Here’s When Coloradans Can Expect Results From All This Social Distancing

Coronavirus Denver City Park community-built playground is closed
Hart Van Denburg/CPR News
Denver’s City Park community-built playground is closed off to visitors on Thursday March 26, 2020, during the stay-at-home orders to battle the spread of coronavirus.

Anyone who is nearing the end of their second week in homebound social isolation probably wants to know just one thing out of Gov. Jared Polis’s data-heavy press conference on Friday: 

When will this be over?

The short answer is that — if there is widespread compliance — Coloradans should begin to see the effects of the latest “stay at home” order as soon as April 7, Polis said. That doesn’t mean that will be the end of the crisis, or that lives will return to normal on that date.

But in an optimistic scenario, assuming people stay away from each other and sick people stay in quarantine, the spread of the virus can be reduced.

And by June 1, Coloradans should know whether the healthcare system will be able to handle the surge of patients.

Even in the last few days, Polis theorized that new numbers of known cases have been smaller than they would’ve been if Colorado hadn’t started mandating certain amounts of social distancing. That began on March 13 when Polis issued guidance to limit gatherings over 250 people.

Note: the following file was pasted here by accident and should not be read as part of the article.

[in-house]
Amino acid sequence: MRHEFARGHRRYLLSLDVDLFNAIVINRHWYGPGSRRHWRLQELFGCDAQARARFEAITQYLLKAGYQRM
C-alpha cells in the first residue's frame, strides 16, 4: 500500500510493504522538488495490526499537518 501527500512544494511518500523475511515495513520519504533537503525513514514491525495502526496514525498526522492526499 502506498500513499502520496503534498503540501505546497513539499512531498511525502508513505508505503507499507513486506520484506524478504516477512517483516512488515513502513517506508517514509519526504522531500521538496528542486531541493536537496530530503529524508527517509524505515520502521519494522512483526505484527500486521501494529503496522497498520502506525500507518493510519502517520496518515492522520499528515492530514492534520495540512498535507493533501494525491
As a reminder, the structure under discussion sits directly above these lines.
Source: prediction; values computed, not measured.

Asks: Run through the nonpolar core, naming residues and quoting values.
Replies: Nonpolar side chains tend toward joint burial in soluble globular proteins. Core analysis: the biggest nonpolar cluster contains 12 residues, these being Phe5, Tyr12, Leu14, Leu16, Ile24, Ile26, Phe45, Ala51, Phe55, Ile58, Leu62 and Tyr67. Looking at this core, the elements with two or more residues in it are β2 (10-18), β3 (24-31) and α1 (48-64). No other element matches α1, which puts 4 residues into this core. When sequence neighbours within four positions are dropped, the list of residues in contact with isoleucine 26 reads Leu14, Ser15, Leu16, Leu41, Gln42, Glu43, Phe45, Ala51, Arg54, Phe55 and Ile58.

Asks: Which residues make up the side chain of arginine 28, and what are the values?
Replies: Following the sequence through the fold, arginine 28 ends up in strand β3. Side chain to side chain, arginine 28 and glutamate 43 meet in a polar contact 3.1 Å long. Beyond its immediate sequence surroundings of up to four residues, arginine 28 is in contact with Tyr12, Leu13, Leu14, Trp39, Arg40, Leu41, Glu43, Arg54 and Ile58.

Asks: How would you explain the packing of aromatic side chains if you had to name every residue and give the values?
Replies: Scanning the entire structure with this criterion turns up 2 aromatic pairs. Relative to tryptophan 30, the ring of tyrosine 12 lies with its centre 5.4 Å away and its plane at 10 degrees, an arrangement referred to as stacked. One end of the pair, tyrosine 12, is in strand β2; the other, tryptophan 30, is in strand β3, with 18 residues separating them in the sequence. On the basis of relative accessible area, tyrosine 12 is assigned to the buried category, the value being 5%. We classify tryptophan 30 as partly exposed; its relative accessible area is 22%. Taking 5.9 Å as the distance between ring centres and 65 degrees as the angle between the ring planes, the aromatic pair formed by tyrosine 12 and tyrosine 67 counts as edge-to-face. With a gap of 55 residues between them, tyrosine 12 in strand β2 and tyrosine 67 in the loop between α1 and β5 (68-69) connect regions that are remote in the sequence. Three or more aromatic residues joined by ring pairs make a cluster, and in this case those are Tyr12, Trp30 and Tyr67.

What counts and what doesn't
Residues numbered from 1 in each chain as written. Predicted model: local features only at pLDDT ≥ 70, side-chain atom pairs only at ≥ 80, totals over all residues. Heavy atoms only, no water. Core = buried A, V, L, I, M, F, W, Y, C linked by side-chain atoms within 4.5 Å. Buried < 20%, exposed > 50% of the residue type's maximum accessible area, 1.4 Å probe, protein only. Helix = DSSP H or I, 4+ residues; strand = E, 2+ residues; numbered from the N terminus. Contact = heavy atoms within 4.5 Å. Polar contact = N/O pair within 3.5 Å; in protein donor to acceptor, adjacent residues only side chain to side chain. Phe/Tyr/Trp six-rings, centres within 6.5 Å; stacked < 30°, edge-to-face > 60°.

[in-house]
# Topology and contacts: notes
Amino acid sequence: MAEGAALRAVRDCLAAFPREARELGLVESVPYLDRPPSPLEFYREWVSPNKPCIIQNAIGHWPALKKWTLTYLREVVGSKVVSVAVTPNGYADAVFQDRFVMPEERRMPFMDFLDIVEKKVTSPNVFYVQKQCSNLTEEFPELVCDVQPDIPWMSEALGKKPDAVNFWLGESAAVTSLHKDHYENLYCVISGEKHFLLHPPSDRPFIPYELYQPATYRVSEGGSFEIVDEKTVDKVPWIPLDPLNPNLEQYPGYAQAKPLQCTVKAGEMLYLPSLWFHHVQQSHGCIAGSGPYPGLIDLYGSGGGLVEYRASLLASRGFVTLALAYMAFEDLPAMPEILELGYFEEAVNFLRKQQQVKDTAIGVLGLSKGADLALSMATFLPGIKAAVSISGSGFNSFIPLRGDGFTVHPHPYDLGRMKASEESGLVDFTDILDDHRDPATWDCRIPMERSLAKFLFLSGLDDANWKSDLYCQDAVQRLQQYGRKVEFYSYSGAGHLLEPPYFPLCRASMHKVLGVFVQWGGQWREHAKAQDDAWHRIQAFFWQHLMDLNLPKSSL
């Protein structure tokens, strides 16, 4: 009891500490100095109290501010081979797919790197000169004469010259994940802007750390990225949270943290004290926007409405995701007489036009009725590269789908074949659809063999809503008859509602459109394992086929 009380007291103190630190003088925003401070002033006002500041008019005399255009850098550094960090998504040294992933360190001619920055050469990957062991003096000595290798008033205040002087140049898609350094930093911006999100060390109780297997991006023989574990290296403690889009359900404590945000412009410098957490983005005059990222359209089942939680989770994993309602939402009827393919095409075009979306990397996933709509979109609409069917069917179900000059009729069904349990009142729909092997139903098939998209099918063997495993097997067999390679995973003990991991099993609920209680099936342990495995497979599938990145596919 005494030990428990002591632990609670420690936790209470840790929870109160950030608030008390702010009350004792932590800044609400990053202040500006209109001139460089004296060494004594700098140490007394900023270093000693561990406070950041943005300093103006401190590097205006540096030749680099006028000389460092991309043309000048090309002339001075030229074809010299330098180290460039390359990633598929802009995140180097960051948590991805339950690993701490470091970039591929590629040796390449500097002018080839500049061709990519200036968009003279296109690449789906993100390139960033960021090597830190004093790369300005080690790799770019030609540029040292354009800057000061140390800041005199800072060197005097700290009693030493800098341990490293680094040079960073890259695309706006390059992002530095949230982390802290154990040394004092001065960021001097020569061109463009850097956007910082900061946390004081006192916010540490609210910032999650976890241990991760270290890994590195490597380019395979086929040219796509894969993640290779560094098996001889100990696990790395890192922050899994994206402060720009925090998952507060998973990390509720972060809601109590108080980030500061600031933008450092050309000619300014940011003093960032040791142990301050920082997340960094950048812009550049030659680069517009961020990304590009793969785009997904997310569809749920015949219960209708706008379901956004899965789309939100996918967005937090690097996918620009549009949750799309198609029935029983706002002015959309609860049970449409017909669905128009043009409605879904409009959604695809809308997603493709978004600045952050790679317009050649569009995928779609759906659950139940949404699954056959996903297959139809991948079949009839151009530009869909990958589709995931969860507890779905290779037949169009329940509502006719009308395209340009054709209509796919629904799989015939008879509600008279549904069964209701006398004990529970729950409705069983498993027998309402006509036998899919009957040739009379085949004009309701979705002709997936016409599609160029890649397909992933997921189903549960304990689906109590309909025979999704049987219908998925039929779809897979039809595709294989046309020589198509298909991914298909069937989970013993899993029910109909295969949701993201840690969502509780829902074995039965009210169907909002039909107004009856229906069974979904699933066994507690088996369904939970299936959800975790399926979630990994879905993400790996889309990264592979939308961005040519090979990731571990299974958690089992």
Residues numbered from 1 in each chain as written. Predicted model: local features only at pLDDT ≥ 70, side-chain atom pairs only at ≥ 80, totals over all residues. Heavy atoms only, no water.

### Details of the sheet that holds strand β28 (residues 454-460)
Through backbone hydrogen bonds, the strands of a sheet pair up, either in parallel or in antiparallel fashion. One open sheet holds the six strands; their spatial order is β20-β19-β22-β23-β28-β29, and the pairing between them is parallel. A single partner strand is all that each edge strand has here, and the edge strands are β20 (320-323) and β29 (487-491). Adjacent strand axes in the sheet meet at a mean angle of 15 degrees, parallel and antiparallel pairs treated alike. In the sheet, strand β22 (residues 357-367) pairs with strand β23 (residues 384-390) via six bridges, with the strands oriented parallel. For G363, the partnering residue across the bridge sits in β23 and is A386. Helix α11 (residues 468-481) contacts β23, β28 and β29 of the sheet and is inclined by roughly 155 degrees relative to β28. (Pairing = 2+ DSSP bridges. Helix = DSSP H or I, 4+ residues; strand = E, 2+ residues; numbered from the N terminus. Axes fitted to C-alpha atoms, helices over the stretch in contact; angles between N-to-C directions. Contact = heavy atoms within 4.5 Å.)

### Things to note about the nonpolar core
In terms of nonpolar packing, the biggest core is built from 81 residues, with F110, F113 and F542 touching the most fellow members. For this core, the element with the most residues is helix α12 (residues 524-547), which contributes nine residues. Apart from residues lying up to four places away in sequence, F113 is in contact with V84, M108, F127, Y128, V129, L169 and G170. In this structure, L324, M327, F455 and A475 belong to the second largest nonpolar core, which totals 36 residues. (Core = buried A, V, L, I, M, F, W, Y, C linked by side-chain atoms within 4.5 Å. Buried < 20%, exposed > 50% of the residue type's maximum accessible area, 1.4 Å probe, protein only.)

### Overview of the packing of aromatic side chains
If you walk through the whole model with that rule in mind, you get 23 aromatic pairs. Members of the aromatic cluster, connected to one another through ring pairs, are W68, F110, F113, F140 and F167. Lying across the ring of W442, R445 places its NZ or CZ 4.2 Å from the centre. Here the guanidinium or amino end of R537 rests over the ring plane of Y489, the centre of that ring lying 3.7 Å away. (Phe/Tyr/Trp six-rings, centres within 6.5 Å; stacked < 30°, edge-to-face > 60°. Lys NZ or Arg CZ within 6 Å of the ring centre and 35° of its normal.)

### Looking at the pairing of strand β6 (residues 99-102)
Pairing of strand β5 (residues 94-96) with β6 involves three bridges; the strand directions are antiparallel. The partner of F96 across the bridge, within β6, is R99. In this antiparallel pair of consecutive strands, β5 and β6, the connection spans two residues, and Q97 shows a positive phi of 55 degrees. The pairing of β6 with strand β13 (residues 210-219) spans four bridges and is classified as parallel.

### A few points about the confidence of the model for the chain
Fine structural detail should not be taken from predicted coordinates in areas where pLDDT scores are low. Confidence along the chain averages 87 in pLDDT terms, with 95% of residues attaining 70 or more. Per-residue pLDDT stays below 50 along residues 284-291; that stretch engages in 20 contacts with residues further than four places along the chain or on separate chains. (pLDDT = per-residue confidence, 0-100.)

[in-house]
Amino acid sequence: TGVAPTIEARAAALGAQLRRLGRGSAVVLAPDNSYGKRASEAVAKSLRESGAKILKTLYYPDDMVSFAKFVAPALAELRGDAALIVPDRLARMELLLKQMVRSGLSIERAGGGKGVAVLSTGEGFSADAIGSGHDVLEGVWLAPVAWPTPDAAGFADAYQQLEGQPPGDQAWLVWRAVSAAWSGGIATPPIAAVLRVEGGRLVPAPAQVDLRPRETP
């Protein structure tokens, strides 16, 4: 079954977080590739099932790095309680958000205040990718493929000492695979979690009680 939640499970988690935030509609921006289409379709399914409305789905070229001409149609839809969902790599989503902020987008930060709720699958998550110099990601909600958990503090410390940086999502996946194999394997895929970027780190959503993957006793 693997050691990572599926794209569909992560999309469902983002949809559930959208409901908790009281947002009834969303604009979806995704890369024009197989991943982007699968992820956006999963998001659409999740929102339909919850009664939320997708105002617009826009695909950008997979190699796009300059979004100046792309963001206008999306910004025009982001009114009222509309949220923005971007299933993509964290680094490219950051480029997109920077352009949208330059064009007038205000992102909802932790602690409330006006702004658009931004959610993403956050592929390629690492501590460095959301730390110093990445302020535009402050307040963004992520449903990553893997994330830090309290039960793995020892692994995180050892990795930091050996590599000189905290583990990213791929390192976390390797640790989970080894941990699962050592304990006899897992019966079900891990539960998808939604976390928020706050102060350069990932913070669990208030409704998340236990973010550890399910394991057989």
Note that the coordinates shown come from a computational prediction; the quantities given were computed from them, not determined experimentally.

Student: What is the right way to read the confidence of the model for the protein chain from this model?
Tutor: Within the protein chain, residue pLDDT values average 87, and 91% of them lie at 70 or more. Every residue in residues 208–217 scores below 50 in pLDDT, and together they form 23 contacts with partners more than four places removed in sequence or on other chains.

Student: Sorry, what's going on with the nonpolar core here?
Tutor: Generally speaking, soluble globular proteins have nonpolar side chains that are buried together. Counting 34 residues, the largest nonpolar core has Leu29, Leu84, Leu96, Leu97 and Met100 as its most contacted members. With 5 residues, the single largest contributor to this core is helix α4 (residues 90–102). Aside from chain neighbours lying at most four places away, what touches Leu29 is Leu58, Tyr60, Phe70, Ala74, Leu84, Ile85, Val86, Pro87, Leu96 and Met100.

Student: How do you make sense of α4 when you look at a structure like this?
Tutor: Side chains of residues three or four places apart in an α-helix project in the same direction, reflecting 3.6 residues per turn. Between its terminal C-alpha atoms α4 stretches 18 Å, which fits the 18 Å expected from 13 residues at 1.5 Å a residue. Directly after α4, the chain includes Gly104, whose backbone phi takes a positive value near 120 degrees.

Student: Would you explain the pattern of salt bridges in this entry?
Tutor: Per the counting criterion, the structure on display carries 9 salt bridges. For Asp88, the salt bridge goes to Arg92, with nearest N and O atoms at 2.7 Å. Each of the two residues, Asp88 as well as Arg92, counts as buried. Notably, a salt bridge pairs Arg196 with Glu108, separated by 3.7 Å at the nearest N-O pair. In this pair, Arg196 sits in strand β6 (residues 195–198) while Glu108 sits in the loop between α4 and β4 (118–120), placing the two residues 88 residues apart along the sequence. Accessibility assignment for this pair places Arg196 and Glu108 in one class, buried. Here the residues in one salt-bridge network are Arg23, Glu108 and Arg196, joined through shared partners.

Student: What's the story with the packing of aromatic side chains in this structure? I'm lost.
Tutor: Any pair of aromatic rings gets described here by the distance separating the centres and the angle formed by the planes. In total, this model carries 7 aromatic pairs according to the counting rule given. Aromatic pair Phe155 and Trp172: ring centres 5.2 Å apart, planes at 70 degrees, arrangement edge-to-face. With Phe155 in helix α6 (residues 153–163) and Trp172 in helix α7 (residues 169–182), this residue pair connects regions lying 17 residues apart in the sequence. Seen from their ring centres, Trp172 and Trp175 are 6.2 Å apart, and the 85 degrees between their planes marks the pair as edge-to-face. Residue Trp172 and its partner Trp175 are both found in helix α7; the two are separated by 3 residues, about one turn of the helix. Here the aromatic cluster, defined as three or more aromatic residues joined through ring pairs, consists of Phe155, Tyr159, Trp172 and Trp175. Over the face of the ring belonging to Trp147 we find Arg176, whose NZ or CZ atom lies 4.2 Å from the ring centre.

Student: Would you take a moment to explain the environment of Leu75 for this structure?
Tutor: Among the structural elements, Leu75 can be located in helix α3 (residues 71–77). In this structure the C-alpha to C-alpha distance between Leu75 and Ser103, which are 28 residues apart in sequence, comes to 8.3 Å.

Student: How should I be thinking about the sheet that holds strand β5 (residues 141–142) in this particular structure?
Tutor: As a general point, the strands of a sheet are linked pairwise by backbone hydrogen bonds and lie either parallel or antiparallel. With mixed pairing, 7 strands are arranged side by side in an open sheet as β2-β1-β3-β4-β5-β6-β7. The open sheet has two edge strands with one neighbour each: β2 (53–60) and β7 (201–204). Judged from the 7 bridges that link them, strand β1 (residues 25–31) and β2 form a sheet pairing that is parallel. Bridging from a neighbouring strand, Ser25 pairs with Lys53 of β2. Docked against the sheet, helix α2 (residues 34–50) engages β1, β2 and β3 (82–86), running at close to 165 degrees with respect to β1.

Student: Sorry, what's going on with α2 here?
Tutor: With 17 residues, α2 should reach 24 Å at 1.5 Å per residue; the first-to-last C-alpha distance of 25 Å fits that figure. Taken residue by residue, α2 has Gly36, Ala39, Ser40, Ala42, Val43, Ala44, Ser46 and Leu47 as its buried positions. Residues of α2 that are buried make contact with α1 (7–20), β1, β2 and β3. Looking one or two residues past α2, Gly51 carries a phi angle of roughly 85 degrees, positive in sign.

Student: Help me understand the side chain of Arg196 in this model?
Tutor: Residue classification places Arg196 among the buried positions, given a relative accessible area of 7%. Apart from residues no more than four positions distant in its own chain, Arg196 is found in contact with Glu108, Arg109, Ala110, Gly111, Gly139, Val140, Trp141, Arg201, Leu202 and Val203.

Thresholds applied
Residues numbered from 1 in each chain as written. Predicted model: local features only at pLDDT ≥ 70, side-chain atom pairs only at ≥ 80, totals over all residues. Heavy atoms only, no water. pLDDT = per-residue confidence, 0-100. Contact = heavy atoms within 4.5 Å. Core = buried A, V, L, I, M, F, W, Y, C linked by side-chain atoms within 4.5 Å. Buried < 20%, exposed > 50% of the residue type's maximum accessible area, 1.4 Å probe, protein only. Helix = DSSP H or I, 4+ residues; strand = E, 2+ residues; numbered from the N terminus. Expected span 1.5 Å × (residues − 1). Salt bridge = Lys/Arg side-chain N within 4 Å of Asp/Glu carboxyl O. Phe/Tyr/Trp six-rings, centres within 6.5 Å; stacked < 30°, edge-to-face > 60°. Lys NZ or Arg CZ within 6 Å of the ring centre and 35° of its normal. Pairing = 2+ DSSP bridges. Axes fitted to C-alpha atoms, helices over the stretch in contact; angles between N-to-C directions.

In general, Polis’ office estimates it takes 12-15 days to see the results of each social distancing measure. But that depends on how compliant the public is, Polis argued Friday. And it all starts with the R naught.

After introducing the state to that term, a mathematical expression of the contagious power of a virus expressed as R0, Polis used it to defend his use of executive orders to keep Coloradans apart and slow the spread of the virus. The R0 value depends on the properties of the virus itself — if it spreads through a cough, or can be transferred on surfaces, for example — but it also depends on people’s behavior.

Colorado doctors estimate that the R0 value for the coronavirus here in the state has been between three and four. That means each person infected spreads the virus to between three and four new people, and each of those new people can spread it to between three and four people, and so on.

For purposes of his presentation Friday, Polis assumed an R0 of 3, or R03. That assumes that first person infected three people, they infected nine, they infected 27, and they infected 81, and on and on.

If that infection number can be kept at R03, according to Polis’ presentation, and Coloradans comply with the stay-at-home order, the state estimates 400 people will die by June 1 due to COVID-19.

If that R number grows to R04, perhaps because Coloradans comply with social distancing only on a limited basis, the number of predicted deaths grows dramatically. In that scenario, the state estimates 33,200 deaths from COVID-19 by June 1.